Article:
Palaeontologists have located more footprints at the well-known Laetoli site in northern Tanzania, these ones belonging to a quite tall for its time pre-human individual who walked the earth some 3.7 million years ago.
In a new study published in the journal eLife, researchers detail a set of 13 footprints left in volcanic ash that had hardened into rock, found a mere 150 metres from the site of the celebrated discovery in the 1970s of another set of footprints from a member of Australopithecus afarensis that represented the earliest direct evidence of human ancestors that walked upright.
The footprints in Tanzania are being credited to a creature designated S1 after the Site S in which they were found. By estimate, S1 was about 5-foot-5 (165 centimetres) and weighed 100 pounds (about 45 kilograms). Likely, he was male and, due to his size, top dog over his fellow compatriots, say the study’s authors. “The stature estimates for S1 greatly exceed those previously reconstructed for Au. afarensis from both skeletal material and footprint data,” say the study’s authors, an international team of researchers led by Fidelis T Masao of the University of Dar es Salaam in Tanzania.
Masao and colleagues say that S1’s relatively large frame indicates that male and female hominins of that period may have differed substantially in size and had dominant males ruling over whole groups, much like the social arrangement we see in modern-day gorillas. “[We] tentatively suggest that the new footprints can be considered as a whole with the 1970s ones. The tall individual may have been the dominant male of a larger group, the others smaller females and juveniles,” say the study’s authors. “Thus, considerable differences may have existed between males and females in these remote human ancestors, similar to modern gorillas.”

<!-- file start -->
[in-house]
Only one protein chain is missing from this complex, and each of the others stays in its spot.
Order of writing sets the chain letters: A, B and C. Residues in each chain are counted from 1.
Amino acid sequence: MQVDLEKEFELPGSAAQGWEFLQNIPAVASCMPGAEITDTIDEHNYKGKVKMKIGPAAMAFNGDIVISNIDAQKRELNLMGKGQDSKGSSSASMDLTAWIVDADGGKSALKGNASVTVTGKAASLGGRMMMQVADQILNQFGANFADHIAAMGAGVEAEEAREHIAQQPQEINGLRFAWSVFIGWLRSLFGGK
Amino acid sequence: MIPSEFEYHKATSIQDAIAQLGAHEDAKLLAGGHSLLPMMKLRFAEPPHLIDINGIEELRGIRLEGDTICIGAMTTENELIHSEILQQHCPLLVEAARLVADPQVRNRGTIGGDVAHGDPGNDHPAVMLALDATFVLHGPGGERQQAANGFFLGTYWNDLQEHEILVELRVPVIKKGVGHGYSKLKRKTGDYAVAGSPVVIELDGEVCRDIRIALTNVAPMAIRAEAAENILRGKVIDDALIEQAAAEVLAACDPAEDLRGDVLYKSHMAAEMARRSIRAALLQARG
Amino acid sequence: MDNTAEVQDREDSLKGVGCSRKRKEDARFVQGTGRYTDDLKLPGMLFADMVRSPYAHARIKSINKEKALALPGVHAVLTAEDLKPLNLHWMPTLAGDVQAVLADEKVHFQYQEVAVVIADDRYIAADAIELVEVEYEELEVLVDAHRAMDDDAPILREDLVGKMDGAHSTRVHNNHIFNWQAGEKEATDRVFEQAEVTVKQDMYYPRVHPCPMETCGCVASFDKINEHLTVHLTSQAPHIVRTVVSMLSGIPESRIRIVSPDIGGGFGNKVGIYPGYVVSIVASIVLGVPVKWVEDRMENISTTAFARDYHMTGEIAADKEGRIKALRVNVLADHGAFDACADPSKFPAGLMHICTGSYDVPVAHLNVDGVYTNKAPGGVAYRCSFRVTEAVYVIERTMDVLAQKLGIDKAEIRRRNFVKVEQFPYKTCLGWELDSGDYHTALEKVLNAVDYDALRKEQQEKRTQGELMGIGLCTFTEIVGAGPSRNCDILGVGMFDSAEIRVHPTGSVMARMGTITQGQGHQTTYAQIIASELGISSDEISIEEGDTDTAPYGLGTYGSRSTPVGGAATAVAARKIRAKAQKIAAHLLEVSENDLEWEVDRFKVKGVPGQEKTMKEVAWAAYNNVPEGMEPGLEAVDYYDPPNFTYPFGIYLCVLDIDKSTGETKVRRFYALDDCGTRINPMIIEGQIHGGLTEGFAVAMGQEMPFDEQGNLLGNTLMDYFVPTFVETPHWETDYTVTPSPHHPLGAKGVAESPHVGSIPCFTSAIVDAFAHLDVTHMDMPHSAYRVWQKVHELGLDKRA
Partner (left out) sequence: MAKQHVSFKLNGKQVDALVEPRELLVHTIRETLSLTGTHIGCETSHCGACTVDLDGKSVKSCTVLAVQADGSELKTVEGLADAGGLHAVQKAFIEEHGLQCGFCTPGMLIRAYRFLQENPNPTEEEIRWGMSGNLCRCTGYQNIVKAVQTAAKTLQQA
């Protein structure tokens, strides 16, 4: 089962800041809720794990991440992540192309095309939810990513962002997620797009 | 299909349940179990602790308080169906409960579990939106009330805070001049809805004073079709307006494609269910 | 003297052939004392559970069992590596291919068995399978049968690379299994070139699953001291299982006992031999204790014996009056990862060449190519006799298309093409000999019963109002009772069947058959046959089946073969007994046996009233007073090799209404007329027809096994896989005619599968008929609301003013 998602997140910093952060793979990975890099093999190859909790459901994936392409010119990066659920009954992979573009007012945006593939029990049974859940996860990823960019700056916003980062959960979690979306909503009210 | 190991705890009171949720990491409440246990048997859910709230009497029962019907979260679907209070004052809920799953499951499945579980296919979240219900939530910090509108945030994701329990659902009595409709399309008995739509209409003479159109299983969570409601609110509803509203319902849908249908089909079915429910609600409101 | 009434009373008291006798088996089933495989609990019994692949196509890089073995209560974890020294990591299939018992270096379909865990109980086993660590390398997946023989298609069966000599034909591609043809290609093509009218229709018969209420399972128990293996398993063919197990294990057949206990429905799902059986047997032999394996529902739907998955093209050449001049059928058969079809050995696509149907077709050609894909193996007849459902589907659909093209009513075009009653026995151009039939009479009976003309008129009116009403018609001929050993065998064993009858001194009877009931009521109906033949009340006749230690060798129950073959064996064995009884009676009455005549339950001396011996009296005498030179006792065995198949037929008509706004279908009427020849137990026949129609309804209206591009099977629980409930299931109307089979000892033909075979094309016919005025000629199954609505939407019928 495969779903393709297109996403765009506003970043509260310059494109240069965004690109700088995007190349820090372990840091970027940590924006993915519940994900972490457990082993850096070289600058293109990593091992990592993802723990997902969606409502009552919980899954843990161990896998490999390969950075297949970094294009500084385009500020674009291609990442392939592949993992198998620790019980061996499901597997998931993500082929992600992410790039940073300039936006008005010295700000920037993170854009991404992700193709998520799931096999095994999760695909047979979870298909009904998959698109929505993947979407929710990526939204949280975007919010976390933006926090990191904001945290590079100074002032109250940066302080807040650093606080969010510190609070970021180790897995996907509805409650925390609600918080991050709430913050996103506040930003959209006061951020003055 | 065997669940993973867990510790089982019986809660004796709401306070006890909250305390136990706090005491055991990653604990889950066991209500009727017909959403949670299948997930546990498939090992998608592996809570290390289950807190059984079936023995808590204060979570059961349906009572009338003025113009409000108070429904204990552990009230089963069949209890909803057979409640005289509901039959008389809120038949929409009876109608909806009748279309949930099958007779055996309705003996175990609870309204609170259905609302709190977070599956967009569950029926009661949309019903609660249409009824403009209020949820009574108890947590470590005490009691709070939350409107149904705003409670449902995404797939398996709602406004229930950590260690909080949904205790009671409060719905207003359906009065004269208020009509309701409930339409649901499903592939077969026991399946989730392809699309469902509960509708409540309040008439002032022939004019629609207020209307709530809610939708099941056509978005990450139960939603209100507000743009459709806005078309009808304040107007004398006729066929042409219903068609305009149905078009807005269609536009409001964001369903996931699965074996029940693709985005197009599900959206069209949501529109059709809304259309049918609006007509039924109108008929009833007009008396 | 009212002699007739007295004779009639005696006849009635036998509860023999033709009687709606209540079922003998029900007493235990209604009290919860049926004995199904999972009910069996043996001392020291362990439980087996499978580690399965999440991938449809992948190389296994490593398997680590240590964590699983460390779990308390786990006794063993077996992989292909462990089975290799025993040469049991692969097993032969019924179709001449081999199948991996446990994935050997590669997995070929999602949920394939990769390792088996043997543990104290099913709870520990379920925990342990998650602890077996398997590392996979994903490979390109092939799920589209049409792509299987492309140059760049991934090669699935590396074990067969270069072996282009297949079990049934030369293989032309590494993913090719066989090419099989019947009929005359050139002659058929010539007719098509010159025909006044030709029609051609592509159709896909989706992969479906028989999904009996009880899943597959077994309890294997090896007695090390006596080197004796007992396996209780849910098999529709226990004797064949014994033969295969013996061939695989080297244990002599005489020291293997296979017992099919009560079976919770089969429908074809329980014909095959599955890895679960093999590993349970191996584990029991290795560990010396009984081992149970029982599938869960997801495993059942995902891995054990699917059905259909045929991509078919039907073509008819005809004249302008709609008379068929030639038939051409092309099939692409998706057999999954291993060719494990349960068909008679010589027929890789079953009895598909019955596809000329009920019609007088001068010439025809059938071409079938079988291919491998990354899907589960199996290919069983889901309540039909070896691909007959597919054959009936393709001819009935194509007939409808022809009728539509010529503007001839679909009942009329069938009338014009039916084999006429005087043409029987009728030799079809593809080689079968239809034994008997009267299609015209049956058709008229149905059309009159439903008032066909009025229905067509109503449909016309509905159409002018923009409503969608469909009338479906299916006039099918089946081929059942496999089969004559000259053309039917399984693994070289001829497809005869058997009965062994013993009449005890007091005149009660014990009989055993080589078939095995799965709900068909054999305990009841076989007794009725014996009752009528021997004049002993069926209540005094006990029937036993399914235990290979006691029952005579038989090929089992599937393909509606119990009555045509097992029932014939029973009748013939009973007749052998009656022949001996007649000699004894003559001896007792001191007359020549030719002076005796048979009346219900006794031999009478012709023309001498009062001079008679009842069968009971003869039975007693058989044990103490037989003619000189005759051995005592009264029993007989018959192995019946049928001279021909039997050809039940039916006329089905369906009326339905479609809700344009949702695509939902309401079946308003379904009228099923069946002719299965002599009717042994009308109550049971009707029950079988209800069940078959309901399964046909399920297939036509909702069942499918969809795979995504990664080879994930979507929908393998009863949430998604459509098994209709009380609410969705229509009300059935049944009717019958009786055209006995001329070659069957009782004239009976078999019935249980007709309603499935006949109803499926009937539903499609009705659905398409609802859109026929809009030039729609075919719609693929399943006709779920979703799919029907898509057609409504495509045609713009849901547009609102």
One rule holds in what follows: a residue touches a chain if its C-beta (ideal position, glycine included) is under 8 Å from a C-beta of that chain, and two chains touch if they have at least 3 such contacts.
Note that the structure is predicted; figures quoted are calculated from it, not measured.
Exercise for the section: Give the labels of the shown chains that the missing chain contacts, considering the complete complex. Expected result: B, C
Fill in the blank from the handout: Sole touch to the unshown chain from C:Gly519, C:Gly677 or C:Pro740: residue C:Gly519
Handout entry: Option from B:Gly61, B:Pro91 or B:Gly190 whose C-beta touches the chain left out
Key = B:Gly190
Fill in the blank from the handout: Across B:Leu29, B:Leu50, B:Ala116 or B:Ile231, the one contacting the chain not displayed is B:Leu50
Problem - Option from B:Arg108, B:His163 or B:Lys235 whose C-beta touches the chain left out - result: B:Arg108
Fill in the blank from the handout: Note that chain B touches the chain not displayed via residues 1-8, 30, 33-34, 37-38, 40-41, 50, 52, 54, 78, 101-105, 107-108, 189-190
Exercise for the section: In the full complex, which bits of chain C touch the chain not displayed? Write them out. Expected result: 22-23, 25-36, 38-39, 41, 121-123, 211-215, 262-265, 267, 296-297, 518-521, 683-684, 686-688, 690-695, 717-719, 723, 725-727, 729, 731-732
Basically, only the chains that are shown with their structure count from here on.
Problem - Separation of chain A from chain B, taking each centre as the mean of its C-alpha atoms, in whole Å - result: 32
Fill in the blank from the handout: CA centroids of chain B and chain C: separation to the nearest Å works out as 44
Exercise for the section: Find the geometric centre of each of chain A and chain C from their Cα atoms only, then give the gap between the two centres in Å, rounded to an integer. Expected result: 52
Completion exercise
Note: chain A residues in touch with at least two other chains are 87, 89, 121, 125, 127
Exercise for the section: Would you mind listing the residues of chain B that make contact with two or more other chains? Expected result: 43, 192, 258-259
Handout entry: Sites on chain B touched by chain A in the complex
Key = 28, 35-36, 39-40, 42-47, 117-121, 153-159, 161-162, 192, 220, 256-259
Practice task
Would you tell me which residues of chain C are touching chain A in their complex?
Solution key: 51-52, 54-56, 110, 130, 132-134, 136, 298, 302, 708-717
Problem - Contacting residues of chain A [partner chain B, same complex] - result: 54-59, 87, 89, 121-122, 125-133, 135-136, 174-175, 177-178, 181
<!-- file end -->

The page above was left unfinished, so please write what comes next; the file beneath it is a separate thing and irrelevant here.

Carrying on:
About eight or nine million years ago, the Hominini line which would lead to humans split off from that of the Gorillini tribe, which produced today’s gorillas. Australopithecus afarensis, whose most famous representative is the partial skeleton named Lucy, are thought to have lived primarily in Eastern Africa between 2.9 and 3.9 million years ago. Homo sapiens, by contrast, have only been on the scene since about 200,000 years ago.
One of the richest collections of hominin fossils ever discovered was reported last year by palaeontologists working in a cave in South Africa. Researchers had to squeeze through a gap in long narrow chute within the Rising Star Cave in the Bloubank River Valley not far from Johannesburg. Once inside, the team found an amazing 1,550 fossil fragments from a previously unknown species of ancient human, which has since been named Homo naledi, after a local word for “star.”
Reportedly, the cave had been thoroughly explored over the past half-century but other cavers had missed checking out a small crevice which led down 12 metres to an open chamber containing the fossil remains.
The team of scientists used to recover the remains were all thin women with caving experience, not afraid of tight spaces and with a background in paleoanthropology. One of them was Marina Elliott who was finishing her PhD at Simon Fraser University in Vancouver, BC, at the time. Elliott stated that aside from the obvious physical challenges the work presented, the emotional intensity of recovering that much fossil history was daunting.
“There was so much material and it was friable and delicate. And every day, we realized that we were pulling out another 40 or 60 fragments of this thing that was going to be incredible,” says Elliott in conversation with The Atlantic.
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